freeline-20 - Page 143

The Bait Debate
et me start by clearly
stating I don’t have a
great knowledge about
the science of bait formulations, additives,
enzymes and how you
even put that lot together to make a
winning combination that’s irresistible to any carp in any lake. Even
though I consider myself somewhat
old school, having been solely carp
fishing for over 25 years, I have never
had any interest in what makes a
good bait, and in the early days I
would rather have had multiple trips
to the dentist than have to mix up and
roll my own. That said I consider having the best bait you can to be one of
the most important factors in consistently catching carp. Coupled with
getting location right, present good
bait to the fish and you will catch,
making having the latest high tech rig
slightly less essential.
I can recall many occasions when I
have fluked a fish out on days when
(Top) Bait establishment and
application is the key to continued
(Below) Wellington upper 30 after the
big bait-up.
the lake I was fishing appeared totally
lifeless, simply by having a good bait.
What is a good bait? Well to me it’s
one that my chosen bait supplier tells
me is good! In my case it’s Mike Willmott, who has far more knowledge
and experience than me in this field,
so when I asked him several years
ago to make me something that will
work, I wasn’t surprised when the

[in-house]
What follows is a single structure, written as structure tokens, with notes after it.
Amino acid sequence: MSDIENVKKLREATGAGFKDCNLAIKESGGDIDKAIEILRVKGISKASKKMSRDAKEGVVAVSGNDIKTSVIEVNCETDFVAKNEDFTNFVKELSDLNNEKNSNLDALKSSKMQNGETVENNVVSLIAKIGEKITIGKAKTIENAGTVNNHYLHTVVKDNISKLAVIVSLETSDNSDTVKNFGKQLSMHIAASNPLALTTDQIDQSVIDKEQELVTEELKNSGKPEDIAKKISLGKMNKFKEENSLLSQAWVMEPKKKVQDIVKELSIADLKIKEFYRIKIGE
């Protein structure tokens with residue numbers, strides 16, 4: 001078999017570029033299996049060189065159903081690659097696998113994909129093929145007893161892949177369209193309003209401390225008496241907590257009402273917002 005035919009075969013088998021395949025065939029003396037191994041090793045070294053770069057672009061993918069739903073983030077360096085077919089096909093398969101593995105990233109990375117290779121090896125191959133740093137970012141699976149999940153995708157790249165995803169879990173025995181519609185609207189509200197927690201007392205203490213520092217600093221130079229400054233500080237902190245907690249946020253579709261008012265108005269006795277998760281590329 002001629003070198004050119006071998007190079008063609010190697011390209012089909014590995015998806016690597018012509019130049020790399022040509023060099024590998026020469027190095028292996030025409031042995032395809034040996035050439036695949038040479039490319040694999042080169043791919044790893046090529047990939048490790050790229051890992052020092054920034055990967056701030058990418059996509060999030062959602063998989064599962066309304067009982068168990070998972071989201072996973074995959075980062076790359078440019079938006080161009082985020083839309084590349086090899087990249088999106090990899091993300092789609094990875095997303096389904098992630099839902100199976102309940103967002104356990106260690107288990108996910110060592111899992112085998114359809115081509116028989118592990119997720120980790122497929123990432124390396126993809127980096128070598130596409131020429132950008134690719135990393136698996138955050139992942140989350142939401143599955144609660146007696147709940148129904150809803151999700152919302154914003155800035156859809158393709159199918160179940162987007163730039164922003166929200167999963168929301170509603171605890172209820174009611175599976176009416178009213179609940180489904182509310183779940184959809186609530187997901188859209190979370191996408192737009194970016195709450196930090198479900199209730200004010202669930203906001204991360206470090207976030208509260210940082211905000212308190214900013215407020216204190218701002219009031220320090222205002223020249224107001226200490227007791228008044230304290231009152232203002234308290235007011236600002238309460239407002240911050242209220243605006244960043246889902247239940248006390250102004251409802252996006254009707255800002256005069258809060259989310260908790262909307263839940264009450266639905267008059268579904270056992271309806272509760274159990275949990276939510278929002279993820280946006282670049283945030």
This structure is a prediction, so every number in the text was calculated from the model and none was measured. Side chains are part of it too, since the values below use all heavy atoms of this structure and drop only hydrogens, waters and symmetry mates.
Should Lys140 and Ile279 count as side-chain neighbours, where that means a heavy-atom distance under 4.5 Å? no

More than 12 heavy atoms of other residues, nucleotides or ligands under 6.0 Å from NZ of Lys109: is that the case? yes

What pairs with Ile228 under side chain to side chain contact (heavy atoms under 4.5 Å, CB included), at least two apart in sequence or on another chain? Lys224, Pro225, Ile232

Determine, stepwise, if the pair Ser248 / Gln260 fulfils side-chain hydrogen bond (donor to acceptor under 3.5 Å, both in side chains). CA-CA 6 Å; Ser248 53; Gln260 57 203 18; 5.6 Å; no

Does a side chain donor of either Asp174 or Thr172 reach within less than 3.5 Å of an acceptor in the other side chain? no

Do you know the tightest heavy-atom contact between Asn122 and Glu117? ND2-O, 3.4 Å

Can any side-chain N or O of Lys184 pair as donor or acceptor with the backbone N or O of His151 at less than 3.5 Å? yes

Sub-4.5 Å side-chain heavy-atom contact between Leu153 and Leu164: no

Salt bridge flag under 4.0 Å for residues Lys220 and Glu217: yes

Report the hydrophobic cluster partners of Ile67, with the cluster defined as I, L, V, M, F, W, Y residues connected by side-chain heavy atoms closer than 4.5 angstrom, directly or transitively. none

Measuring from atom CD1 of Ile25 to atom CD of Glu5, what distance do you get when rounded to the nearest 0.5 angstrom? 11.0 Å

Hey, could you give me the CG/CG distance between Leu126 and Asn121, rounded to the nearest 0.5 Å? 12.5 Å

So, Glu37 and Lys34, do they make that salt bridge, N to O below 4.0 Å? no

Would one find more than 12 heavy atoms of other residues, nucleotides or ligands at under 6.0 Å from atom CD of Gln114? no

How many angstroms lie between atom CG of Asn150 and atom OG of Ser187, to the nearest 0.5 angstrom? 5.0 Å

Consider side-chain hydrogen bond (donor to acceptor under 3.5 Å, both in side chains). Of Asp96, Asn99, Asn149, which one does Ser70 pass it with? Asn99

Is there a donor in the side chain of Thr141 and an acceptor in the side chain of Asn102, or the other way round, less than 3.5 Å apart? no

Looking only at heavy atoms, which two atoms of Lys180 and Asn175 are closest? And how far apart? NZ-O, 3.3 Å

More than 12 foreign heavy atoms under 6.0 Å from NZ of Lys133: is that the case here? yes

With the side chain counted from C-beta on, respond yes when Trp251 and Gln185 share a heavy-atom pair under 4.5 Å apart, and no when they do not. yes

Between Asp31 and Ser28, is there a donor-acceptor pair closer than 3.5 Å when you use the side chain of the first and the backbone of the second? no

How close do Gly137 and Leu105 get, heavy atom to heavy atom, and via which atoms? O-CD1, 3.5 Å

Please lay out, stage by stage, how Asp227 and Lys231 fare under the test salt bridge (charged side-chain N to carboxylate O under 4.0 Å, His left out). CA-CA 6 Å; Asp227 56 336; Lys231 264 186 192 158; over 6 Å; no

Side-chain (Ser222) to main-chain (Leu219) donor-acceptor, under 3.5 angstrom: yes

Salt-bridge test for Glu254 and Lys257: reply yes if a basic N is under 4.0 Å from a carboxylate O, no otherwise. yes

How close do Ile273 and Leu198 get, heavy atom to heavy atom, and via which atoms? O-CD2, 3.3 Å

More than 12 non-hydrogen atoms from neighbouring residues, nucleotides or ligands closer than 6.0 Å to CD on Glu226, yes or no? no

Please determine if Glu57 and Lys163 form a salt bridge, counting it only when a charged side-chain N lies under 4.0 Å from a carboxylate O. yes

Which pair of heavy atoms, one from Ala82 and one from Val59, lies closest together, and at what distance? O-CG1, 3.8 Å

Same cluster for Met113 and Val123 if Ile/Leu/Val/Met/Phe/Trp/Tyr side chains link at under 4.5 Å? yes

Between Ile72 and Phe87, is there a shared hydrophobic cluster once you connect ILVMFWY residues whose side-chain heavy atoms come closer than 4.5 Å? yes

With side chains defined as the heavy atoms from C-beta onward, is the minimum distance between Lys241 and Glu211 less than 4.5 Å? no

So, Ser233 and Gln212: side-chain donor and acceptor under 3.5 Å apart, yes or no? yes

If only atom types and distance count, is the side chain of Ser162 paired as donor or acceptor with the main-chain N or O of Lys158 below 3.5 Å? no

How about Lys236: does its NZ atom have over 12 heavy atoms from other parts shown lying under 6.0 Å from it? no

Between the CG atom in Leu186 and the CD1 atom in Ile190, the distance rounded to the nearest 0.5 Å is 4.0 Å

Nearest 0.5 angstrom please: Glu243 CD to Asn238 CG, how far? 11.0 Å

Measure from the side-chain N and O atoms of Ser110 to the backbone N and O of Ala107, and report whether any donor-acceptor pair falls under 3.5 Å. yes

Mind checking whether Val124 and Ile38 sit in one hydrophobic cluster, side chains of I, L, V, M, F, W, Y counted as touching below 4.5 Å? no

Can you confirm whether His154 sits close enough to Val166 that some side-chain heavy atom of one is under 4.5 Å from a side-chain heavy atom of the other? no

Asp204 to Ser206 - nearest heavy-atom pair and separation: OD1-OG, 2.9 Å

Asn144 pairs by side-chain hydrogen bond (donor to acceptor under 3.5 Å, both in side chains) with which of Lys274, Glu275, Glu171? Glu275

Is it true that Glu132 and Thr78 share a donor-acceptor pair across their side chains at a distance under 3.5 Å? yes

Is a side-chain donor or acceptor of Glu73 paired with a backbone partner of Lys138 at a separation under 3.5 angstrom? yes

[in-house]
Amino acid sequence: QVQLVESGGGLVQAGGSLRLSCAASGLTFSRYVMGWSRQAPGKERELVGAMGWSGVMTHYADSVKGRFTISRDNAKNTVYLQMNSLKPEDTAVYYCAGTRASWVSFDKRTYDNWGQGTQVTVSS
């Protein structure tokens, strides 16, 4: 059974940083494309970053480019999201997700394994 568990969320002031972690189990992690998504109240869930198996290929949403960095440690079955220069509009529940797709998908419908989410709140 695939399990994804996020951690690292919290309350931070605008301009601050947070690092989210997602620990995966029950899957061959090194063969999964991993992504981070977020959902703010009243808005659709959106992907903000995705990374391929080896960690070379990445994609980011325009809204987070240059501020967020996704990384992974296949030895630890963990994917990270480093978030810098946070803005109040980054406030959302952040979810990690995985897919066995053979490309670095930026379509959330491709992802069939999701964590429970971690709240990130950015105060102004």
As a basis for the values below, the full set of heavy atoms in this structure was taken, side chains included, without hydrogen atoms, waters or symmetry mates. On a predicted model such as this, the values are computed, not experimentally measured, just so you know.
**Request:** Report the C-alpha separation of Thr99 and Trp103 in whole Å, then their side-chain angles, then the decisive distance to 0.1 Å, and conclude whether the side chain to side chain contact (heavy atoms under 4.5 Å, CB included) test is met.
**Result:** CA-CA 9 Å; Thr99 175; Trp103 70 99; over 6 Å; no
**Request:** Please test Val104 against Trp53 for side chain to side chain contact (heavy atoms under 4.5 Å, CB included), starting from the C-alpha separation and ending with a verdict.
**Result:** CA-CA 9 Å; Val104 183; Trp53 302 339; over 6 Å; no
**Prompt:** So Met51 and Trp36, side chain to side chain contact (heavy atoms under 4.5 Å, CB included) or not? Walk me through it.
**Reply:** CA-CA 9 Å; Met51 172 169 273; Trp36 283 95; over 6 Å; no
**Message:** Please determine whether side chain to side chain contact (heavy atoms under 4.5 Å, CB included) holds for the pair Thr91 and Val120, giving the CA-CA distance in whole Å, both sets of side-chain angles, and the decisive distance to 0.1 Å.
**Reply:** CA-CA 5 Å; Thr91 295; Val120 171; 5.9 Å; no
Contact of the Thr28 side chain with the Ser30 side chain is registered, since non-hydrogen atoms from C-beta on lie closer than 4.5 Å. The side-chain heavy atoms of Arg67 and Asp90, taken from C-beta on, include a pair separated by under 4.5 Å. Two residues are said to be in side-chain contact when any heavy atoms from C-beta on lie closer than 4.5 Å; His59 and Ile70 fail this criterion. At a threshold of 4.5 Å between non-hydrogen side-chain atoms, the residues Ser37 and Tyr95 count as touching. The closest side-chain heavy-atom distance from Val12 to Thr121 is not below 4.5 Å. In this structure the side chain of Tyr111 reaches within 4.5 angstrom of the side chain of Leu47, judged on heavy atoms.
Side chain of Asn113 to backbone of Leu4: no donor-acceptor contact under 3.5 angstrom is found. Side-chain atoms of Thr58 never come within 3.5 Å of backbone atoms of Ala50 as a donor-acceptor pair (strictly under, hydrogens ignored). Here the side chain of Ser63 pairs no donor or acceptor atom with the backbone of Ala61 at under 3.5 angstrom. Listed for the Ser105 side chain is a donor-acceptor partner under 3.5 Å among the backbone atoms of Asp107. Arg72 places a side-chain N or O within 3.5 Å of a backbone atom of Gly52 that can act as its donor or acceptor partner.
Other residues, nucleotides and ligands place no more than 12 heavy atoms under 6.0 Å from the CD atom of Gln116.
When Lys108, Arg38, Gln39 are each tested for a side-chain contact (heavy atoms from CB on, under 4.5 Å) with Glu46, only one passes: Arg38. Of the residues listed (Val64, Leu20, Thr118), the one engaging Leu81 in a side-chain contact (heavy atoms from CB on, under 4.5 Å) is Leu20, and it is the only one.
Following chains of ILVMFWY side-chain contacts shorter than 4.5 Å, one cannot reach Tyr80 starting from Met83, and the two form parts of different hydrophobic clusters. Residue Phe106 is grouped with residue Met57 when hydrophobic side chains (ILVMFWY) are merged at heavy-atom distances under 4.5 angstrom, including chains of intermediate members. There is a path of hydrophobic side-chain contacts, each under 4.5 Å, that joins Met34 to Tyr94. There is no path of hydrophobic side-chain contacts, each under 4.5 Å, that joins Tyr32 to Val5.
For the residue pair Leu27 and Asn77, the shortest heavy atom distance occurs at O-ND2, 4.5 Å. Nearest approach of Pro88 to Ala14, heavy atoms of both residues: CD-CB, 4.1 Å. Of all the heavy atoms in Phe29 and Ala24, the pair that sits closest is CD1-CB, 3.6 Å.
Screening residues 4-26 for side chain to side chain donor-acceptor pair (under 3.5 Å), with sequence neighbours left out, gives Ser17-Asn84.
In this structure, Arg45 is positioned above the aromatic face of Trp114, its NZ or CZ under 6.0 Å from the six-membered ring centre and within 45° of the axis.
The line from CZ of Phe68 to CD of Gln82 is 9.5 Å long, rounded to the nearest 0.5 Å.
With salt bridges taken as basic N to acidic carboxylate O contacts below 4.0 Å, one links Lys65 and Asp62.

bait that arrived caught from the off.
To be honest I haven’t changed bait
for almost five years now, and yet I
still don’t know exactly what’s in it –
to me it simply doesn’t matter. The
only time I can foresee this being a
problem is if the bait ever came
through looking different, but with
Mike’s this has, and never will, occur.
Leading on to changing baits
comes an issue that I do consider
important, and that is consistency
and bait establishment. To give you
an example, I have a friend who uses
a high profile bait company’s baits
with great results. He is a very good
angler and has never had a bait from
this company that hasn’t really
worked. However the problem lies in
that he never establishes one bait on
a water, as each time he phones up
for more, he’s sold into the latest new
product that supersedes his last one.
He told me the other week he looked
in his freezer to find at least seven different types of bait, and had no idea
which to use! Don’t get me wrong,
they have all worked, but I feel that
the more of one bait that goes into a
water long term, the more of an
advantage it is. Even on blank sessions, your bait can be working for
you when you leave, and these blanks
aren’t a total disaster if they are con-


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